Latest results from a phase 3 trial with the new drug for spinal muscular atrophy (SMA), the most common genetic cause of childhood mortality, show that it can bring about large improvements in both motor function and survival in infants with this condition.
The drug, nusinersen (Spinraza; Ionis Pharmaceuticals/Biogen), was approved by the US Food and Drug Administration (FDA) in late December after a fast-track review and has been given a broad label for all individuals with all types of SMA. It is the first agent to be made available for the condition and is now commercially available, albeit at an extremely high price — $750,000 in the first year, when loading doses are given, reduced to half that in subsequent years.
The data from the phase 3 trials were part of the FDA application but had not been publicly presented at the time of approval. Results from one of the two phase 3 studies, ENDEAR, were presented formally for the first time last week at the British Pediatric Neurology Association Annual Conference in Cambridge, United Kingdom.
"Nusinersen really is a transformative treatment for SMA," pediatric neurologist Richard Finkel, MD, Nemours Children's Hospital, Orlando, Florida, lead investigator of the ENDEAR trial, told Medscape Medical News. "The ENDEAR results show it has major effects on both motor function and survival. These results are extremely promising, with this drug making a meaningful difference to these babies and children."
He added that even more exciting observations are coming from a study in which the drug is given very early in life to babies with the genetic defect for SMA but before symptoms have started to develop. "This raises the question as to whether giving treatment in the first few weeks of life may stop the disease developing at all."…
The disease is caused by deletions or mutations in the survival motor neuron (SMN1) gene, rendering it incapable of generating functional SMN protein. The severity of the disease depends on how many backup copies of gene are present. Those with two backup copies have the worst symptoms (usually type 1), with survival of less than a year, while those with three copies can manufacture more protein and therefore usually develop the condition later, in early childhood, and have a less severe form (type 2) and normally live longer. Some patients can have more than three backup copies of the defective gene, and they have a less severe form of the disease again (type 3) and a normal lifespan.
It is estimated that about 20,000 patients are living with SMA in the United States and about 24,000 in Europe.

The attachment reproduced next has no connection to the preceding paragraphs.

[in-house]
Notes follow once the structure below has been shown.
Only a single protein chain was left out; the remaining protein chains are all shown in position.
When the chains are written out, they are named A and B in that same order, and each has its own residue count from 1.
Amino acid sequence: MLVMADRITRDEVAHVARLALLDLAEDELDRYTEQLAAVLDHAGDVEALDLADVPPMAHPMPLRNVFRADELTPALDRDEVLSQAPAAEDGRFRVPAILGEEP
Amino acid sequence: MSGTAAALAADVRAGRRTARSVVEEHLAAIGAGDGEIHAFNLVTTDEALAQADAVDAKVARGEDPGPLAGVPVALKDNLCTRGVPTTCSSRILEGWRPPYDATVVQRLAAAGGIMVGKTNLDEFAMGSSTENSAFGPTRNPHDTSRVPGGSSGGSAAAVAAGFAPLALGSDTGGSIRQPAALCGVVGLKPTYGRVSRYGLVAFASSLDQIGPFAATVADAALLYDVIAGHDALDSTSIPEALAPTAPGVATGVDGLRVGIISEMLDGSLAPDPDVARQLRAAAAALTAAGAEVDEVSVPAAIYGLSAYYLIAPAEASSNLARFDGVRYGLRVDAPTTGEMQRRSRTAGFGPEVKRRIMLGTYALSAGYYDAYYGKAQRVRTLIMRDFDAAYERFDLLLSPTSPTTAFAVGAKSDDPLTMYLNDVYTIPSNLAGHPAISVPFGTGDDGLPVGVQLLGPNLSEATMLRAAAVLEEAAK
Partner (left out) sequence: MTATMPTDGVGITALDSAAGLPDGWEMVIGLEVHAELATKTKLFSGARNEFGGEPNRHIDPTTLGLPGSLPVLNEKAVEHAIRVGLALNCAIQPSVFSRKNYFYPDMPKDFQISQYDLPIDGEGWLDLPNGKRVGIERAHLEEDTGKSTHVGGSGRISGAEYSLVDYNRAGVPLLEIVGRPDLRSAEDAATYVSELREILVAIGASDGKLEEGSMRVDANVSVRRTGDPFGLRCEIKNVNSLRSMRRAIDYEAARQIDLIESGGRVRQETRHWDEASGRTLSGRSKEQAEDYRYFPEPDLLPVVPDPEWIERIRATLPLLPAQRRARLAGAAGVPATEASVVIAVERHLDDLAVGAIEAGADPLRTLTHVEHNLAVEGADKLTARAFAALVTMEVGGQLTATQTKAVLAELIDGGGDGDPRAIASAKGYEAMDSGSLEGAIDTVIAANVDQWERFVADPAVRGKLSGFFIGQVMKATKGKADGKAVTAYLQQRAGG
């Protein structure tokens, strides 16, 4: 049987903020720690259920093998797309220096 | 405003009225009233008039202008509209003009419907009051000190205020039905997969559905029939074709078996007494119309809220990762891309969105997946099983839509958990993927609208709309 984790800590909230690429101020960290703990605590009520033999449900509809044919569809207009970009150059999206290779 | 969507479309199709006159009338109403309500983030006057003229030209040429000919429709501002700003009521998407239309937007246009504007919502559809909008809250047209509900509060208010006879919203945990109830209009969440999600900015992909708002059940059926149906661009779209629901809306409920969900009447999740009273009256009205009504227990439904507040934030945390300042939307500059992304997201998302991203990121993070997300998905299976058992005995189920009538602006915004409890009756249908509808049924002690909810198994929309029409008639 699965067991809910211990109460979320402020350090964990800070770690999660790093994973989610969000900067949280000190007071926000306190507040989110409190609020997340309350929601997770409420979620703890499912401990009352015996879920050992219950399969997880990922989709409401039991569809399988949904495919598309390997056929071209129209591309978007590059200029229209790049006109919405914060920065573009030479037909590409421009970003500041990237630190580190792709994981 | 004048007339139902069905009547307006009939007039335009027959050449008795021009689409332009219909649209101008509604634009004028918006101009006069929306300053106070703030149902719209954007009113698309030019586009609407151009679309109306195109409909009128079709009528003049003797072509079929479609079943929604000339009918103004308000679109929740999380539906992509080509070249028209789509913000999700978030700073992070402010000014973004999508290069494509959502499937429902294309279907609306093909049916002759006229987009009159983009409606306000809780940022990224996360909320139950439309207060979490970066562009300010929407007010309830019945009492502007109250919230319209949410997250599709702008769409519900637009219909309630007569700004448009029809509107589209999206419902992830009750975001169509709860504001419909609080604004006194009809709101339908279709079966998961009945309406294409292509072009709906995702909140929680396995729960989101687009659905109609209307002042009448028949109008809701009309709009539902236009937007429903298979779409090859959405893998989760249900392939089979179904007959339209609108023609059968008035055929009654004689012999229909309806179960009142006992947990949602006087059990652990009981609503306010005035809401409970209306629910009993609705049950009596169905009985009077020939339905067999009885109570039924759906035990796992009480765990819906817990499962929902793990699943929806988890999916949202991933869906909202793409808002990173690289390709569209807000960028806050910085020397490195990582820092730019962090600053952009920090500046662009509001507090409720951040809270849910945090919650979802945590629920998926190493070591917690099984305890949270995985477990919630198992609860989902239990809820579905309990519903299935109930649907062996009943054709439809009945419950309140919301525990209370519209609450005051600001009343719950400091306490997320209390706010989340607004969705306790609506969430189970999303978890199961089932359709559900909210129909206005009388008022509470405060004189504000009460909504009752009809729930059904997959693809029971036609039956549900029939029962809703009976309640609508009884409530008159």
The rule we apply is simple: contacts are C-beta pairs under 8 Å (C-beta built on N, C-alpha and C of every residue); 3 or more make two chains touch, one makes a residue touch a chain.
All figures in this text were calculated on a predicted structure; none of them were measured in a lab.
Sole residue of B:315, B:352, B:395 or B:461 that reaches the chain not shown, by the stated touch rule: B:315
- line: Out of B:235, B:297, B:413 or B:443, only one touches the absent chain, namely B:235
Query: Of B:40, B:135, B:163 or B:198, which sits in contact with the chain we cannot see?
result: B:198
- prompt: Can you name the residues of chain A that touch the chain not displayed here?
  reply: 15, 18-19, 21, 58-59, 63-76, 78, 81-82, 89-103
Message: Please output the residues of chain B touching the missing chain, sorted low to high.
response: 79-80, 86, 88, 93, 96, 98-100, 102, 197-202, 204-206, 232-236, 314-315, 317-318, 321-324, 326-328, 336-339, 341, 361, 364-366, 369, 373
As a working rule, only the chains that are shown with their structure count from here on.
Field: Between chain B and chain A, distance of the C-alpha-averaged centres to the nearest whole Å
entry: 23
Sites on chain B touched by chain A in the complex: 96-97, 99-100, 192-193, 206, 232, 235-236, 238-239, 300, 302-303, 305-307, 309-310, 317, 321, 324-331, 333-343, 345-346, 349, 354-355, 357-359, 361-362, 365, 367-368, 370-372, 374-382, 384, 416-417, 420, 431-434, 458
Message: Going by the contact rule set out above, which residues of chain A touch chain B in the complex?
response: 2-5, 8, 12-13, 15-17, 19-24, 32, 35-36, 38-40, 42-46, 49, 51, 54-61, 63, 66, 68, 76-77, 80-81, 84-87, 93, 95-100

Nusinersen is an antisense oligonucleotide that has been designed to bring about increased production of the SMN protein by the backup genes.
The ENDEAR trial was a double-blind, sham-controlled study in 121 patients with infantile-onset (most likely to develop type 1) SMA who were randomly assigned on a 2:1 basis to nusinersen or control.
The study was stopped in June 2016 after an interim analysis because of convincing benefit in the treated group. All babies were then switched to open-label nusinersen…
Forty-one percent of patients in the treatment group showed improvement from baseline vs 0% in the control group (P = .002).
"The response was variable, with some infants only improving by a couple of points while others had an improvement of 15 points," Dr Finkel said. "Some infants are rolling and sitting and a few are actually managing to stand, and that does not happen in type 1 SMA. And we haven't seen the maximal response yet."
The second endpoint, survival, was also highly significantly improved in the treatment group. "More than 50% of infants given the drug were living by the end of the study vs 30% in the control group," Dr Finkel reported.
A Biogen press release states that nusinersen showed a statistically significant 47% reduction in the risk for death or permanent ventilation (P < .01), with 68% of the control group having died or requiring permanent ventilation by the end of the study period compared with 39% of infants in the treatment group.
Dr Finkel cautioned, however, that "this is not a cure. These infants are still weak."
A second phase 3 study — CHERISH — has been conducted in older children with type 2 SMA. Dr Finkel explained that although this form of SMA is not as severe as type 1, these children also have many problems with pulmonary infections, scoliosis, and feeding issues. "They do normally manage to sit but generally don't walk."
This study, which had a design similar to that of ENDEAR, was also stopped after an interim analysis and has also shown an improvement in motor function with the drug, with an approximately 4-point improvement on the Expanded Hammersmith Functional Motor Scale vs a 2-point reduction in the control group…
"The most exciting of results of all have been seen in a study known as NURTURE, in which the drug has been given to babies before they develop symptoms," Dr Finkel commented. These babies are known to carry the defective gene and have usually been identified because they have had an older sibling with the condition. "In this study we are seeing even more remarkable changes than in ENDEAR, which suggests that the earlier the treatment the better."
Dr Finkel added: "So far three infants from my site have been included in this NURTURE trial — two are of the age that normal infants start to walk and they are both walking. One is thought to be type 2 and one is thought to be type 1. Infants with type 1 SMA are never able to sit up, let alone walk."…
The United States is the first country to approve nusinersen. The drug is awaiting approval in Europe, Japan, Canada, and Australia, and Biogen plans to initiate additional filings in other countries in 2017. Each country will have to address pricing and reimbursement issues separately. Expanded-access programs in some countries can help families obtain the drug before it becomes commercially available.